Dinner at Blue Hill at Stone Barns is unusually simple. As you start your meal, a waiter brings out a line of small spikes set into a wooden block. They look like nails hammered into a 2”x4”.
Speared on top, neatly in a row, is a flight of fresh, raw produce: a tomato, a radish, a baby cabbage, a carrot.
“Vegetables from the farm,” the waiter says.
There’s no sauce, no side –– really, no cooking of any kind.
And yet, when diners pick the produce off the spikes and eat it, they’re blown away.
Ruth Reichl, one of the most acclaimed food writers in the U.S., can tell you why.
“You taste things that just taste better than any pea you’ve ever had before, any radish you’ve ever had before. A carrot that is, like, the carrotness of a carrot. [There’s] a moment where you go, ‘Oh! This is what this is supposed to taste like.’”
Blue Hill doesn’t rely on fancy cooking or complicated flavor combinations. One of their most famous dishes is an egg and cheddar cheese on toast. But despite their humble menu, they’re consistently ranked one of the 50 best restaurants in the world (#28 in 2019).
They owe their success to one single thing: sustainable, biodynamic farming. When you first see Blue Hill at Stone Barns –– driving through a rural town in Upstate New York –– you don’t think of a world-class restaurant. In fact, the place looks suspiciously like a working farm, because that’s exactly what it is.
Their head chef and owner, Dan Barber, explains:
“When you are chasing after the best flavor, you are chasing after the best ingredients –– and when you’re chasing after the best ingredients, you’re in search of great farming.”
Barber began farming in a few small boxes on a New York City rooftop. His original Blue Hill restaurant was in the heart of Manhattan, which was good for business but bad for finding quality produce. One day, Barber and his team decided to take matters into their own hands. They began growing produce on the roof of the building, fitting in pots and grow beds wherever they could. When their dishes started tasting better, Barber became obsessed with farming.
After a few years of success in his Manhattan restaurant, Barber bought some farmland. He wanted to make better-tasting food, and he quickly realized that traditional farming practices wouldn’t give him the ingredient quality he needed.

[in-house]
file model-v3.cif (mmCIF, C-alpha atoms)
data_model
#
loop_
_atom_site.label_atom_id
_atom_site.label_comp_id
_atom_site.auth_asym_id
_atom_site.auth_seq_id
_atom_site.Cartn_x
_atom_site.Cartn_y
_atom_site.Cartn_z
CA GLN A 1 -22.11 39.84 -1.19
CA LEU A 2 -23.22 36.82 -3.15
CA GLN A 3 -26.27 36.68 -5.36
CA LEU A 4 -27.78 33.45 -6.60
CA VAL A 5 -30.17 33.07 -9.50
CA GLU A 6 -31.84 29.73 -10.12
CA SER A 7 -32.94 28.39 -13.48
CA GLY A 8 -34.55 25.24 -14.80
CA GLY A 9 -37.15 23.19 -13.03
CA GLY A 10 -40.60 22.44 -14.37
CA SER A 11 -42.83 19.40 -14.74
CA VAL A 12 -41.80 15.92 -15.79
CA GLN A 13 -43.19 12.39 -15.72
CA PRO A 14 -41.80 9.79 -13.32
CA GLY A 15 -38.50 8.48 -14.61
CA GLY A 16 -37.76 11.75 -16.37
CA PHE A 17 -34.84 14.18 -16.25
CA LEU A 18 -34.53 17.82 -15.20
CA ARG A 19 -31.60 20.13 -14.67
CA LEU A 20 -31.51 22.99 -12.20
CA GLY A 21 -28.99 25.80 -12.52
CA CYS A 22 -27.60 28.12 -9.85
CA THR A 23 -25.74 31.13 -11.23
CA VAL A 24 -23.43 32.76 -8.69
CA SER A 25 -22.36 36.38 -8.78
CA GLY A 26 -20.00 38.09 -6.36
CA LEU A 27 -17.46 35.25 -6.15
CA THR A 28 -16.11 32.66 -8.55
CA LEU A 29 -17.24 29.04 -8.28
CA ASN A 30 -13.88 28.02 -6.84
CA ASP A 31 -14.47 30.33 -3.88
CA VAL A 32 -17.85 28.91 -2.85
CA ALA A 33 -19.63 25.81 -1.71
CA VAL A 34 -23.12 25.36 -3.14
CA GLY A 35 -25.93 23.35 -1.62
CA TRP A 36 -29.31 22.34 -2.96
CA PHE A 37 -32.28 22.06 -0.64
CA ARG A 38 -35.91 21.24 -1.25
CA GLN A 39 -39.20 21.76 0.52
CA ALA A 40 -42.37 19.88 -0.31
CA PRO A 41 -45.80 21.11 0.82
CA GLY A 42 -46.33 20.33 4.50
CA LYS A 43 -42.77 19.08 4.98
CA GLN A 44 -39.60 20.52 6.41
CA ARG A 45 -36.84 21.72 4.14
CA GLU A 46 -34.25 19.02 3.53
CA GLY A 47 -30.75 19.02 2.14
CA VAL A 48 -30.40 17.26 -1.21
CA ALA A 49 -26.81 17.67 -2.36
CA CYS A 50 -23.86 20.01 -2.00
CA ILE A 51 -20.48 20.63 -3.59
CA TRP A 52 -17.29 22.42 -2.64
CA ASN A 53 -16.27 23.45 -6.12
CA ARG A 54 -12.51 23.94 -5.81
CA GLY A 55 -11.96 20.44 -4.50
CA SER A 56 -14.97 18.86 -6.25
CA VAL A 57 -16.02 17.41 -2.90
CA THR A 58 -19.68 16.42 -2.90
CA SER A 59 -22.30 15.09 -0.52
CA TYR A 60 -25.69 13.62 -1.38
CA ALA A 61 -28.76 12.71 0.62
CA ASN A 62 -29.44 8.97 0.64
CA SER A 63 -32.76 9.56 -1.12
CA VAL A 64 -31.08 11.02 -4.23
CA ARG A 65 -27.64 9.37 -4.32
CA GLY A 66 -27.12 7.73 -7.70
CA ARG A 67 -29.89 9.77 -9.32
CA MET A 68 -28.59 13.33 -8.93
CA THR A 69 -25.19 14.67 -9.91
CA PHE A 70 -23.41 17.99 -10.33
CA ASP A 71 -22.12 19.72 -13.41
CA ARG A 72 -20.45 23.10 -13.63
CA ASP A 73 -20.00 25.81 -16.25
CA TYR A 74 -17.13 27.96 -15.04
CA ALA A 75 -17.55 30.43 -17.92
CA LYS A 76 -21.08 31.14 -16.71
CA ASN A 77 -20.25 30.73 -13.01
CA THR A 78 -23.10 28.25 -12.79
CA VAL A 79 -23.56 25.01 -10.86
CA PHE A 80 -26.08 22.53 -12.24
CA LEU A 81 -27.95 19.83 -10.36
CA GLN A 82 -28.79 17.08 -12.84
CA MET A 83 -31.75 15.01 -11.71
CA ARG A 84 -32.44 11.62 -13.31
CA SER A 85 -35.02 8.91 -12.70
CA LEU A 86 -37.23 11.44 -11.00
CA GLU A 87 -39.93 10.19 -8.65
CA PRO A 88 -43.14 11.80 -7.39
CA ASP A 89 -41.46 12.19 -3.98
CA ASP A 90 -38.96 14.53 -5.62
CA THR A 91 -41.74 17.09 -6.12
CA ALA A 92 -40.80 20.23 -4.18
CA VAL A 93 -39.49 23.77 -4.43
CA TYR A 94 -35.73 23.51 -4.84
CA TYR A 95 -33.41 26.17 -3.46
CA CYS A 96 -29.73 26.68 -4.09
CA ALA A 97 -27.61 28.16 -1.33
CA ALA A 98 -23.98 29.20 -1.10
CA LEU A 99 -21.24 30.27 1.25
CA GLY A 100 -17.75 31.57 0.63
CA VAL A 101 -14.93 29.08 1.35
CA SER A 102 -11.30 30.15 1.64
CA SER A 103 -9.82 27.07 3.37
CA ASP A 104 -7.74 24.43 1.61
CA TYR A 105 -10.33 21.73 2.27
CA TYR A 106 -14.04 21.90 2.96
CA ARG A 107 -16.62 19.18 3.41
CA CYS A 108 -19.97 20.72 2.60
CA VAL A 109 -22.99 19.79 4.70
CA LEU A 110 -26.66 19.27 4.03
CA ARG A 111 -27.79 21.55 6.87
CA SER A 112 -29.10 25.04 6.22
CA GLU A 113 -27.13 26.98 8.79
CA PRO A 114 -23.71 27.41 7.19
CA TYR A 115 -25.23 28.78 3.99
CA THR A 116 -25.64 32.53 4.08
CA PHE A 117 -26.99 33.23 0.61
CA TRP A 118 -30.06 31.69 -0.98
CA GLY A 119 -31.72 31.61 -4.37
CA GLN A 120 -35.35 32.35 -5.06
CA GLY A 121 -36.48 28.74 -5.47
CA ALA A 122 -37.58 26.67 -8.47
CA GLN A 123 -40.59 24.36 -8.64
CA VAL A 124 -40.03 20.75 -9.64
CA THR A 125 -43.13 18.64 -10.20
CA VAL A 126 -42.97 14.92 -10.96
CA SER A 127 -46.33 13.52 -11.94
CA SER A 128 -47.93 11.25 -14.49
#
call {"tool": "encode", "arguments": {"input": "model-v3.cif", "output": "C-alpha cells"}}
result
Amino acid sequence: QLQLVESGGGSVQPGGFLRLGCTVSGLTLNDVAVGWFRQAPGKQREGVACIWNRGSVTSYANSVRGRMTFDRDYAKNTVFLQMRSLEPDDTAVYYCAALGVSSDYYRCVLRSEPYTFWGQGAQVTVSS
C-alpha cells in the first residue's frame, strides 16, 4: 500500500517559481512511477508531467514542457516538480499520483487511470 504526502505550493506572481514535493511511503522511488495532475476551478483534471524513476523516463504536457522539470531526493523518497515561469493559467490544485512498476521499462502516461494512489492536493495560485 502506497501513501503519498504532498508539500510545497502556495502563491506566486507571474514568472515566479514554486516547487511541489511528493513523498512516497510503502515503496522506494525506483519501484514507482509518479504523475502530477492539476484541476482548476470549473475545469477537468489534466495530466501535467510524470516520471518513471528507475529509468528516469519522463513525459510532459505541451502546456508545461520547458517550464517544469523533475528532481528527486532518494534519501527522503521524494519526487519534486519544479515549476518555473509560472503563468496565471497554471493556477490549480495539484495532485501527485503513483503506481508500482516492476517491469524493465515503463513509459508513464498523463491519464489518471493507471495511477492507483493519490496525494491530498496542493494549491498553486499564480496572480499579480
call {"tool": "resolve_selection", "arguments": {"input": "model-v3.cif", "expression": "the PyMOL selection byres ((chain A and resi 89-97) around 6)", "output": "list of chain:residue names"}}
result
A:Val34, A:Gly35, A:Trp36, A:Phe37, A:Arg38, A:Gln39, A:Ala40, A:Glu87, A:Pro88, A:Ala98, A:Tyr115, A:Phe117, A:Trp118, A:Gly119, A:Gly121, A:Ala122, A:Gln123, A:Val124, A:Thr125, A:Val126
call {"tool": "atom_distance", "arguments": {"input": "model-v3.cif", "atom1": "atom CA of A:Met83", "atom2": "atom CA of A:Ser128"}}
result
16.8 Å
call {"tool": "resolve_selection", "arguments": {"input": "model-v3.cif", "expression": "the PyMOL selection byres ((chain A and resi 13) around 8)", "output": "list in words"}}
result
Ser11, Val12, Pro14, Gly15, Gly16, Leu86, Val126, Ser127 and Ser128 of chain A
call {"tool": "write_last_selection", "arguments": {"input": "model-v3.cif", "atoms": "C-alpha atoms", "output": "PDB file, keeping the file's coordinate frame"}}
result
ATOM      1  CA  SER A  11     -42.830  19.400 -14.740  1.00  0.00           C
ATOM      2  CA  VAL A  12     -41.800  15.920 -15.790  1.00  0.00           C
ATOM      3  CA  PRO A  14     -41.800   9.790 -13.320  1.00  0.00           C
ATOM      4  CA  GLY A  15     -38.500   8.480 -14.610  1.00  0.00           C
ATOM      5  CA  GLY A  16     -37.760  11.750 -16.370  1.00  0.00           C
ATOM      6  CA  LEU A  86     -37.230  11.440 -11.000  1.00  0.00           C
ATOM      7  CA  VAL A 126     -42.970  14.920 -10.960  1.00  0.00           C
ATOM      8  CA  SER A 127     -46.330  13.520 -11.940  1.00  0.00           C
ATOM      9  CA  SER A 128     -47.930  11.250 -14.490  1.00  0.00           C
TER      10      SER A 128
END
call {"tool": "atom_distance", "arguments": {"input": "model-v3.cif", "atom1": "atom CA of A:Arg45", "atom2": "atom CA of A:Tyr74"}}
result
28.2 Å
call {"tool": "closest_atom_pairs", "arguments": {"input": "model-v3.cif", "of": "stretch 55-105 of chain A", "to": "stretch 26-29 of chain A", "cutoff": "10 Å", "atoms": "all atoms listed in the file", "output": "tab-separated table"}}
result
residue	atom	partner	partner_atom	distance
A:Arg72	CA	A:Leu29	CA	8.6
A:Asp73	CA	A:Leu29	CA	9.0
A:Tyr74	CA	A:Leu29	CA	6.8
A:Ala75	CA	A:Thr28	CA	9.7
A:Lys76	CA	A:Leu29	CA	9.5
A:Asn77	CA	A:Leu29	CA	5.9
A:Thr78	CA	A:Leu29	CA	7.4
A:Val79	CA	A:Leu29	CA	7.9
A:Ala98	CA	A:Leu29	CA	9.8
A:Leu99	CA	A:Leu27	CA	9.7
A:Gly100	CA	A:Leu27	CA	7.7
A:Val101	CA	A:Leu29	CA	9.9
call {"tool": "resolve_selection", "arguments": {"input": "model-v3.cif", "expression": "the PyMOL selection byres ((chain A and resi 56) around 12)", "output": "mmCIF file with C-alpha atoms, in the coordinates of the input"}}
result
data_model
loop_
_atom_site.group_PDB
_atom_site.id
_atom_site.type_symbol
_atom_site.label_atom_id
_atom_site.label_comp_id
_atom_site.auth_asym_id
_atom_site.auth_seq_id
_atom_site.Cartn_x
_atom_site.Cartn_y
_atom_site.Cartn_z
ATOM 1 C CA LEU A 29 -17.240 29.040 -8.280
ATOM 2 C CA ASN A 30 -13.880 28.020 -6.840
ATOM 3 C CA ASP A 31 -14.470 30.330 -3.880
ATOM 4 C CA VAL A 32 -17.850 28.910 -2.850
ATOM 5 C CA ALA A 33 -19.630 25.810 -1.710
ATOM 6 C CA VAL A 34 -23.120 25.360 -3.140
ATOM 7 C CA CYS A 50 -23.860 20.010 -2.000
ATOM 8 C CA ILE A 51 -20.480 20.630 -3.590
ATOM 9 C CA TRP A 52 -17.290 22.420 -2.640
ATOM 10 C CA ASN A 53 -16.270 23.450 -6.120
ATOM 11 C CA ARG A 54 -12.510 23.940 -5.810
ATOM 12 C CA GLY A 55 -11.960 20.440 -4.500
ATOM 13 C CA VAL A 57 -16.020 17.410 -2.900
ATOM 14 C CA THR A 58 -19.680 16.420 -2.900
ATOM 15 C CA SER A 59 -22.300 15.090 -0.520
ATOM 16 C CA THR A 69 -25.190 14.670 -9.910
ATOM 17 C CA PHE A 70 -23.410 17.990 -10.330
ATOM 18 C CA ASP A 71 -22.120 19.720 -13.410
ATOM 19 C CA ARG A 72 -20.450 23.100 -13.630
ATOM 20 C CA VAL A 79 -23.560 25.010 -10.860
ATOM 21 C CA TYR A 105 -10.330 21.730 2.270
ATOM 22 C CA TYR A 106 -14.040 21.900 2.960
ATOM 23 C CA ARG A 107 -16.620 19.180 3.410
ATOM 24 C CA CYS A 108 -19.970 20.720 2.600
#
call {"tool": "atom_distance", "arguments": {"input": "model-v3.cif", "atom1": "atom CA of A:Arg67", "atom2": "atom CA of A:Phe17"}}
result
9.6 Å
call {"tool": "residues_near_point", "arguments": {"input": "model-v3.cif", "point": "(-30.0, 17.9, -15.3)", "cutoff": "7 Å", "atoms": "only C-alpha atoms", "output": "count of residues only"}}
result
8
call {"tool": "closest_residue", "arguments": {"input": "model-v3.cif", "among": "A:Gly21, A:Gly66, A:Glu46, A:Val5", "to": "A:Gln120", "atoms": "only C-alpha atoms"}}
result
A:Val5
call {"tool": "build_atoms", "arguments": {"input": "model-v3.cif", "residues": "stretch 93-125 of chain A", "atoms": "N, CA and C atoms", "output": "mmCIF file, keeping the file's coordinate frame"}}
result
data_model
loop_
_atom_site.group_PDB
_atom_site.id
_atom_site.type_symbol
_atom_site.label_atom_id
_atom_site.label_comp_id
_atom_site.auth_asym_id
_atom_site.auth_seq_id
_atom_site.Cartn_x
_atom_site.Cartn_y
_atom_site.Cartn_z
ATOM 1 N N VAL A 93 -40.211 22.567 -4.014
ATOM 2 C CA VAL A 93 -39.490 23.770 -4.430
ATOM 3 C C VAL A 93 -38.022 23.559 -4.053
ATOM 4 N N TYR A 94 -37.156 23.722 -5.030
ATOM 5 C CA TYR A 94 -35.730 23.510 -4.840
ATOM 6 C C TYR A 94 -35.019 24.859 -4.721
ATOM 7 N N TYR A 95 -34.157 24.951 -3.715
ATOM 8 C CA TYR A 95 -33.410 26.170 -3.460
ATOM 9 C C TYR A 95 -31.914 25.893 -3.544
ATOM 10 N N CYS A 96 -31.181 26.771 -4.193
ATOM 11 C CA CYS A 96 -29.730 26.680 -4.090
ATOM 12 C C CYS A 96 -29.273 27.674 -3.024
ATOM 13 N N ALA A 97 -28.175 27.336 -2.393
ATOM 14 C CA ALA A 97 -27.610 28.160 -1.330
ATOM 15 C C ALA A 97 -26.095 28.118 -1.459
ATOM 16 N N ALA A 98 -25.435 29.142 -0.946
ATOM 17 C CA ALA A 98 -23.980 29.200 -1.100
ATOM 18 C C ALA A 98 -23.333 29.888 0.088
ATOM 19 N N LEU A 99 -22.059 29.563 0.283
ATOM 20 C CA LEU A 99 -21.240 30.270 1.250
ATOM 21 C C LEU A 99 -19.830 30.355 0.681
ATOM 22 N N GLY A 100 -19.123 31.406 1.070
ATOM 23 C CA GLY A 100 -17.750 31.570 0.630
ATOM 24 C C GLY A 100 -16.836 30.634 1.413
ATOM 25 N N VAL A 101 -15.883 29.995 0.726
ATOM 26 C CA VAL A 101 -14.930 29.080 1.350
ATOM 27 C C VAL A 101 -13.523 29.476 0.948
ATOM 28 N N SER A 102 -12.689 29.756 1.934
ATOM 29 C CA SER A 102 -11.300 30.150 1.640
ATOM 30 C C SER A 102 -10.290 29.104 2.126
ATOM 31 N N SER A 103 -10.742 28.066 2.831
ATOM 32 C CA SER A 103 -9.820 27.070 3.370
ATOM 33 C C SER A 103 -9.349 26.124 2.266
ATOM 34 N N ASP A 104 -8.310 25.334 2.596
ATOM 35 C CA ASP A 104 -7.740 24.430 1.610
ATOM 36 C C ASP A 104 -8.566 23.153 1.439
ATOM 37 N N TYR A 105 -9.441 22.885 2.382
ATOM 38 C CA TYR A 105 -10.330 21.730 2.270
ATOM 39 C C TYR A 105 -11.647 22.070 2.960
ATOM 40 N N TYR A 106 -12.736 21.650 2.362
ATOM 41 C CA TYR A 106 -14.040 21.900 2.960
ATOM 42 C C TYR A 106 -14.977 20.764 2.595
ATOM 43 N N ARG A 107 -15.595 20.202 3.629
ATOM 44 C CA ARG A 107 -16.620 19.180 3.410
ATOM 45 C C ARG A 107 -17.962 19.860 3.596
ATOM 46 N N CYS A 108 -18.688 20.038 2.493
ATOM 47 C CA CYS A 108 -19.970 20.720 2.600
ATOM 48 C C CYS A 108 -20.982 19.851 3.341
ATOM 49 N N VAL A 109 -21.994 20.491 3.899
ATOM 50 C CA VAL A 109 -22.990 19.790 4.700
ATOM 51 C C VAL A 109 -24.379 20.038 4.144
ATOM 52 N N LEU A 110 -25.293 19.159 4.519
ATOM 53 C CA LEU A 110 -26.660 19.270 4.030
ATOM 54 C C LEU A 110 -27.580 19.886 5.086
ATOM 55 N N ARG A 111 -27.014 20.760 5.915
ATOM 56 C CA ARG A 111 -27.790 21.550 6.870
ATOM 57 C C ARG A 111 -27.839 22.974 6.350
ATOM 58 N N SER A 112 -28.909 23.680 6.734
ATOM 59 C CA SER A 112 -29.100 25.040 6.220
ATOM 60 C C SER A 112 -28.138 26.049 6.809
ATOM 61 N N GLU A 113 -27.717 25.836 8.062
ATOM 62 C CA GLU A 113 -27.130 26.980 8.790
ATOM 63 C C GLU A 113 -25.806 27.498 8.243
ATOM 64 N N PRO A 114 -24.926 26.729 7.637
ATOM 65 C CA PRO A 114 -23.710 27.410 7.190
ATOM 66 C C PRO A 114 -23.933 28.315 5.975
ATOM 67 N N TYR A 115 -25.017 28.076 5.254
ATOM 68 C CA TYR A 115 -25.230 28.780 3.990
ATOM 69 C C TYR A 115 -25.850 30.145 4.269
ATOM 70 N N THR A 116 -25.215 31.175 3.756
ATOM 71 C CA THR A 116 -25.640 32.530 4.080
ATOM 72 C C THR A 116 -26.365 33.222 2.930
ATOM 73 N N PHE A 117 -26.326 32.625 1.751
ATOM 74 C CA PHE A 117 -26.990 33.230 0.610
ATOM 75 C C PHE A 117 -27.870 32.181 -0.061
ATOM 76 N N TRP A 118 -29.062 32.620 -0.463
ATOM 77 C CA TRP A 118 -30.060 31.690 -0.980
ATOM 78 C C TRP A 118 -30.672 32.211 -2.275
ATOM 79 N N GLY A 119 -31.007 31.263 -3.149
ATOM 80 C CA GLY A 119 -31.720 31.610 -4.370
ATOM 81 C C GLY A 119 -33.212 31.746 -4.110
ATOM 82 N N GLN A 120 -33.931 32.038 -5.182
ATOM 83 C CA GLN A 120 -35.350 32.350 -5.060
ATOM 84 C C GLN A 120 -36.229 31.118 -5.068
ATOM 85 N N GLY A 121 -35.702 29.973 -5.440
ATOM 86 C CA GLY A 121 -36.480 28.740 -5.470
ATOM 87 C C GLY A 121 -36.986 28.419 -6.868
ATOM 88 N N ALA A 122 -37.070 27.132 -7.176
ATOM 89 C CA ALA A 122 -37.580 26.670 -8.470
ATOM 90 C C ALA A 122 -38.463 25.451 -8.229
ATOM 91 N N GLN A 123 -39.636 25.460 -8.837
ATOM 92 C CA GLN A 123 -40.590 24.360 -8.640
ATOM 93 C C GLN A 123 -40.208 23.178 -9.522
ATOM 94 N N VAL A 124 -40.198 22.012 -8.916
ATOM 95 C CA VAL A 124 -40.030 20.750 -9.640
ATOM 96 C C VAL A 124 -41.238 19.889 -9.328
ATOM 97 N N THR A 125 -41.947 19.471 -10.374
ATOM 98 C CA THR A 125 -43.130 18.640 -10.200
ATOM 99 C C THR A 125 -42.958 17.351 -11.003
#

Pesticides, monocropping, and other staples of industrial farming produced food that tasted flat and empty, so Barber chose to take a biodynamic approach. What if he could create a self-sustaining ecosystem, where every part balanced another and fed back into the overall quality of the farm?
He started with the soil. Healthy soil needs nutrients from cow manure –– so Barber brought in dairy cows. Of course, healthy cows need high-quality grass to graze on –– so Barber began raising free-range chickens, to break up the cow manure and spread it as they walk around the fields. When harsh brush began to take over the grass, Barber brought in goats to eat the brush. When the animals needed shade in the summer heat, he planted fruit trees.
With every new problem to solve, the farm’s biodiversity increased. And all the while, the soil got better. That made more nutritious grass for the cows, and better dairy for the restaurant. The soil quality also attracted more grubs to eat, which led to stronger chickens, and better eggs for the restaurant. Same for higher-quality brush, which the goats then ate –– leading to better goat milk and cheese for the restaurant.
Blue Hill at Stone Barns proves that when you take care of the earth, it takes care of you back. Their farm produces much higher yield than industrial farms do, and the quality of ingredients is arguably the best in the world.
Barber’s journey to become a world-class farmer and chef began with a few garden beds on a New York City rooftop. If you start a vegetable garden in your backyard, where could it lead you?